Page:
It was the murderous dictator Joseph Stalin who supposedly said that one death was a tragedy, one million deaths a mere statistic. One hundred thousand deaths are difficult to get one’s mind around. The toll in our nation from covid-19, as it reaches that horrific milestone, must be seen as a catastrophe — and an indictment.

The long Memorial Day weekend gave the pandemic an indelible visual image: President Trump, wearing a ball cap but no mask, enjoying himself on his Northern Virginia golf course. Last week, you will recall, Trump declared it was “essential” that Americans be able to spend Sunday at church services. He chose to head for the links instead.

Primary blame for those 100,000 deaths must go to the killer itself — the novel coronavirus that spreads so easily, overwhelms defenseless immune systems and turned New York hospitals into charnel houses. But not all of covid-19’s victims had to die. Some responsibility must be laid at the feet of a president who ignored the threat until it was too late, who failed to mount an adequate response and who still, after so many lonely deaths and socially distanced funerals, insists that the enemy will somehow just magically disappear.

Would lives have been saved if a more compassionate, less narcissistic leader had been at the helm? Obviously, we’ll never know with certainty. But it’s hard to imagine any other president, at least in my lifetime, avidly promoting the use of a drug, hydroxychloroquine, that studies suggest does more harm than good to those seriously ill with covid-19. It is hard to imagine any other president issuing guidelines for states to reopen their economies, then hectoring governors to ignore those very guidelines and reopen anyway. It is hard to imagine any other president stubbornly refusing to model the behavior his medical experts recommend — wearing a mask in public — because he “didn’t want to give the press the pleasure of seeing it.”

And it is hard to imagine any other president whose insatiable need for ego gratification forbids those medical experts from speaking plain truth. On “Fox News Sunday,” anchor Chris Wallace asked Deborah Birx, coordinator of the White House coronavirus task force, whether Trump should wear a mask in public both for safety and to set an example. Her response should have been a simple “yes.” Instead, she felt compelled to offer an embarrassing word salad:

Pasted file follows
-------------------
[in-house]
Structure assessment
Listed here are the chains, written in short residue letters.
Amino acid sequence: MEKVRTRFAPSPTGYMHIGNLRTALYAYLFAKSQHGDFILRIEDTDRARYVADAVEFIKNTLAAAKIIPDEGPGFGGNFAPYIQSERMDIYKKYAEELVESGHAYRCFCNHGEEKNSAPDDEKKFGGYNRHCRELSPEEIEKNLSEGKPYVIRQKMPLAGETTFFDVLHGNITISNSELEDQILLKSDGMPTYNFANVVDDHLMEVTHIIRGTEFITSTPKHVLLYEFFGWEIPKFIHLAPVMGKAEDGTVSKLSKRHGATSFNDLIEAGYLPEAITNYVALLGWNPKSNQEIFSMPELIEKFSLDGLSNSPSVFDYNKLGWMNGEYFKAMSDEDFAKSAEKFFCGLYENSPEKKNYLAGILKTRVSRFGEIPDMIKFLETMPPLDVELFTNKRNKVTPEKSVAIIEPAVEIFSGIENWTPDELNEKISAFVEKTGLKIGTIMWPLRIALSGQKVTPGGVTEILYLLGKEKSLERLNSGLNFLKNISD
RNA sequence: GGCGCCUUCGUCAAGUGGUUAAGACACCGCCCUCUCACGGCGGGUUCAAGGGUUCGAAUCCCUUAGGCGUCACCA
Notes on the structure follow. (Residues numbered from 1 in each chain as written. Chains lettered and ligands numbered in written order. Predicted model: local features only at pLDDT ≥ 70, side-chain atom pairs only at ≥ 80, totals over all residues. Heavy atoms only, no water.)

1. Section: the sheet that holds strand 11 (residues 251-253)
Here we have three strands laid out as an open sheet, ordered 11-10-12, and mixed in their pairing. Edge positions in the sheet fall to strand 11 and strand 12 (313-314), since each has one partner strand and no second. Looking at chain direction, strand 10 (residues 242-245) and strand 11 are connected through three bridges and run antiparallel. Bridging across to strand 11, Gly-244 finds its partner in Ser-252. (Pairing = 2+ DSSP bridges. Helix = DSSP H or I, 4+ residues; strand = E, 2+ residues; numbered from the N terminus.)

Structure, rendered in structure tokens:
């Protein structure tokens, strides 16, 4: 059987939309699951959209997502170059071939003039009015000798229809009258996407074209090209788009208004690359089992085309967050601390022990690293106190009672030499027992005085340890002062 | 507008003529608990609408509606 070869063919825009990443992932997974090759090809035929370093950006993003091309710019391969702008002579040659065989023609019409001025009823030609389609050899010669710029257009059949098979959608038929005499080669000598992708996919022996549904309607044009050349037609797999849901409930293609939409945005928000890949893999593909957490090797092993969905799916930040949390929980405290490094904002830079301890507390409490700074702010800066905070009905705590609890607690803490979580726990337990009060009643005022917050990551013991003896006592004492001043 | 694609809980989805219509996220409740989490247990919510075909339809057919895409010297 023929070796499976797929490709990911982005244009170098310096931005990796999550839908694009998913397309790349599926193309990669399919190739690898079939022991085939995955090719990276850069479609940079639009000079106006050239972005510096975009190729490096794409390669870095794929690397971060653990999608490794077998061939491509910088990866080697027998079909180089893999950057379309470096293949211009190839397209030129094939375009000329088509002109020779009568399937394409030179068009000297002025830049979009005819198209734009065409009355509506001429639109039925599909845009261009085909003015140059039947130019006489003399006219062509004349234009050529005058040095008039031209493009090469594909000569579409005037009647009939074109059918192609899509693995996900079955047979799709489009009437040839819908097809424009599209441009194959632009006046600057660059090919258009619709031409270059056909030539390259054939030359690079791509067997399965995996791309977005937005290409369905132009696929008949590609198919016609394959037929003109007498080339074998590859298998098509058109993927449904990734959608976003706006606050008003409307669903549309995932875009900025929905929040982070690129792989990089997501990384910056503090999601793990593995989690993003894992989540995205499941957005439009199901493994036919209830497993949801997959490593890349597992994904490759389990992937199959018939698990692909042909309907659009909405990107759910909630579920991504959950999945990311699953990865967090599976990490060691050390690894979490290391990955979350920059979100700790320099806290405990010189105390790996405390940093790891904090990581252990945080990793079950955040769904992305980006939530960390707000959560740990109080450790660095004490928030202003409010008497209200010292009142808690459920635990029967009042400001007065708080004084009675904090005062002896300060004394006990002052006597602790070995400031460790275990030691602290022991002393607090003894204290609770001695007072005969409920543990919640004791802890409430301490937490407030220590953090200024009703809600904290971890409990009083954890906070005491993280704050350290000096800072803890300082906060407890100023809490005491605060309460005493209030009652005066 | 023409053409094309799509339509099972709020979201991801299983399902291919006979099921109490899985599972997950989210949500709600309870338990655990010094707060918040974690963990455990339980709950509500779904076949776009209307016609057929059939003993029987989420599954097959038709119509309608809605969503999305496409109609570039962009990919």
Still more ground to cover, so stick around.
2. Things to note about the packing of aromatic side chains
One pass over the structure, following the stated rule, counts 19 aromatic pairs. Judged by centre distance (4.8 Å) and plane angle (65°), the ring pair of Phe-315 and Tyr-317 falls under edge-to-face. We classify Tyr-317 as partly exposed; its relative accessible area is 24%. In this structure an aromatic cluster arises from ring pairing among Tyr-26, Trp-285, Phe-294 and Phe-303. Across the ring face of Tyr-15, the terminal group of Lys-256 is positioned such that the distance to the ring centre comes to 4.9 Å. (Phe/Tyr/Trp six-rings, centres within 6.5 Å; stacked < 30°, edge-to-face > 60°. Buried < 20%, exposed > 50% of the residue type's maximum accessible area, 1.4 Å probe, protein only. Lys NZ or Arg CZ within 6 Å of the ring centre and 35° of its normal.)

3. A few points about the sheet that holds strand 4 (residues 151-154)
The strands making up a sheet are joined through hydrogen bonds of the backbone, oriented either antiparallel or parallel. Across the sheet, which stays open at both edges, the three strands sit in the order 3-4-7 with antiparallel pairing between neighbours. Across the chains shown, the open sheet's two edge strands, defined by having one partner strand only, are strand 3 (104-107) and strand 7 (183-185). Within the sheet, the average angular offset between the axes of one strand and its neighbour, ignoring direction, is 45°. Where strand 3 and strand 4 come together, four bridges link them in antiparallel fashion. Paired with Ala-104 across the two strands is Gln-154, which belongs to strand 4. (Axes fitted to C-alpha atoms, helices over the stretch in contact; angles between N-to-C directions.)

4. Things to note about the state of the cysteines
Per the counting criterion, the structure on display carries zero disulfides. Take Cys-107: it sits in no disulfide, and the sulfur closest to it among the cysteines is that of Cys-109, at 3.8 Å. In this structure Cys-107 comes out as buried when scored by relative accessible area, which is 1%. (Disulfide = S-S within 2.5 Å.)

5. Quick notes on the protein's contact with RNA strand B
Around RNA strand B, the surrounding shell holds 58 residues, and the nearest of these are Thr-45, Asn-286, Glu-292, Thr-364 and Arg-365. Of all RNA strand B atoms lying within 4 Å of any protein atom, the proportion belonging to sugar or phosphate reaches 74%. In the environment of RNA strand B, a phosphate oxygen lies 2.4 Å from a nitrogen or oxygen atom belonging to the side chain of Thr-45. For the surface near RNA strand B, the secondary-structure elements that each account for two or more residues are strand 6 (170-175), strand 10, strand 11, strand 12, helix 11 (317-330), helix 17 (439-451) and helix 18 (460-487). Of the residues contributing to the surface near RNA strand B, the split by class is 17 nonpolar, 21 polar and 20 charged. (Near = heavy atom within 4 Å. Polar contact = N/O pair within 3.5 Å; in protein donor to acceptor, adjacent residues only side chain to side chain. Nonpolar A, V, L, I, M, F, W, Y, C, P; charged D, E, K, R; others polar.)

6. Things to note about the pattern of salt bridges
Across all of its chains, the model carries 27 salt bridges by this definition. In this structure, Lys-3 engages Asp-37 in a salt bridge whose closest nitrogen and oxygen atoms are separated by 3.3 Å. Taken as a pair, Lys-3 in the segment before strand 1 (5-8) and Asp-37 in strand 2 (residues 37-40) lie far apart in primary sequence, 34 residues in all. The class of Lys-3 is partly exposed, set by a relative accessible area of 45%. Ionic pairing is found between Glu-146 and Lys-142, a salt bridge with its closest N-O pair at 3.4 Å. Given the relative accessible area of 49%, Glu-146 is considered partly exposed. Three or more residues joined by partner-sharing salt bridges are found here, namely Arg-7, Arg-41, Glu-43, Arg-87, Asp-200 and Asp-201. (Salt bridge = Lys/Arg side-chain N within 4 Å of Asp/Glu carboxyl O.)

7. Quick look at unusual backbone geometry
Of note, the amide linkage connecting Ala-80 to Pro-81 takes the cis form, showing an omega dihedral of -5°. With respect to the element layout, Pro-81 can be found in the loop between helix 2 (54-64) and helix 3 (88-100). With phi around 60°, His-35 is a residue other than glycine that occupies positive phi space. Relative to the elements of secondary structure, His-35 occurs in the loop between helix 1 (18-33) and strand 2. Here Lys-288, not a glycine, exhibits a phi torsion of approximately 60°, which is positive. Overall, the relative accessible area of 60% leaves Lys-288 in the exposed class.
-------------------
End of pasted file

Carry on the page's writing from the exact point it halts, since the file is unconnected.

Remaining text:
“I’m not with him every day and every moment, so I don’t know if he can maintain social distance,” she said. “I’ve asked everybody independently to really make sure that you’re wearing a mask if you can’t maintain the six feet. I’m assuming that in a majority of cases, he’s able to maintain that six-feet distance.”

He doesn’t even try, as Birx well knows and as Americans can readily see. By the simple act of wearing a mask, Trump could provide a valuable, lifesaving public service. He prefers to indulge his personal vanity.

It is shocking and unacceptable that the U.S. response to the pandemic, in terms of deaths per capita, has been among the least successful in the world. There’s nothing we can do about that now. The focus has to be on what happens next — and I fear that Trump is leading us past the 100,000 marker toward even more unnecessary suffering and death.

Clearly it is not tenable to keep the economy in its induced coma, with unemployment now at the highest level since the Great Depression. We must begin to reopen. But since the virus will not simply go away, since there is no cure or vaccine for covid-19, and since we have no protective herd immunity, going back to the old “normal” is not a reasonable option. We need to move gingerly toward a new normal that minimizes the toll: distancing, hand-washing, face masks, avoiding crowds, fewer handshakes and air-kisses and hugs, more of those awkward Zoom meetings we’ve learned to endure.

But the election is coming, Trump is in campaign mode, and the only political technique he has mastered is the driving of wedges. He has made it a political statement not to wear a mask or respect social distancing. According to polls, most Americans are willing to follow the advice of medical professionals. Enough may follow Trump’s lead, however, to guarantee that the rate of infection and death remains higher than it has to be.

The offense is not just that many of the 100,000 lost American lives might have been saved; it is also that more needless death is surely to come. Donald Trump stands indicted.

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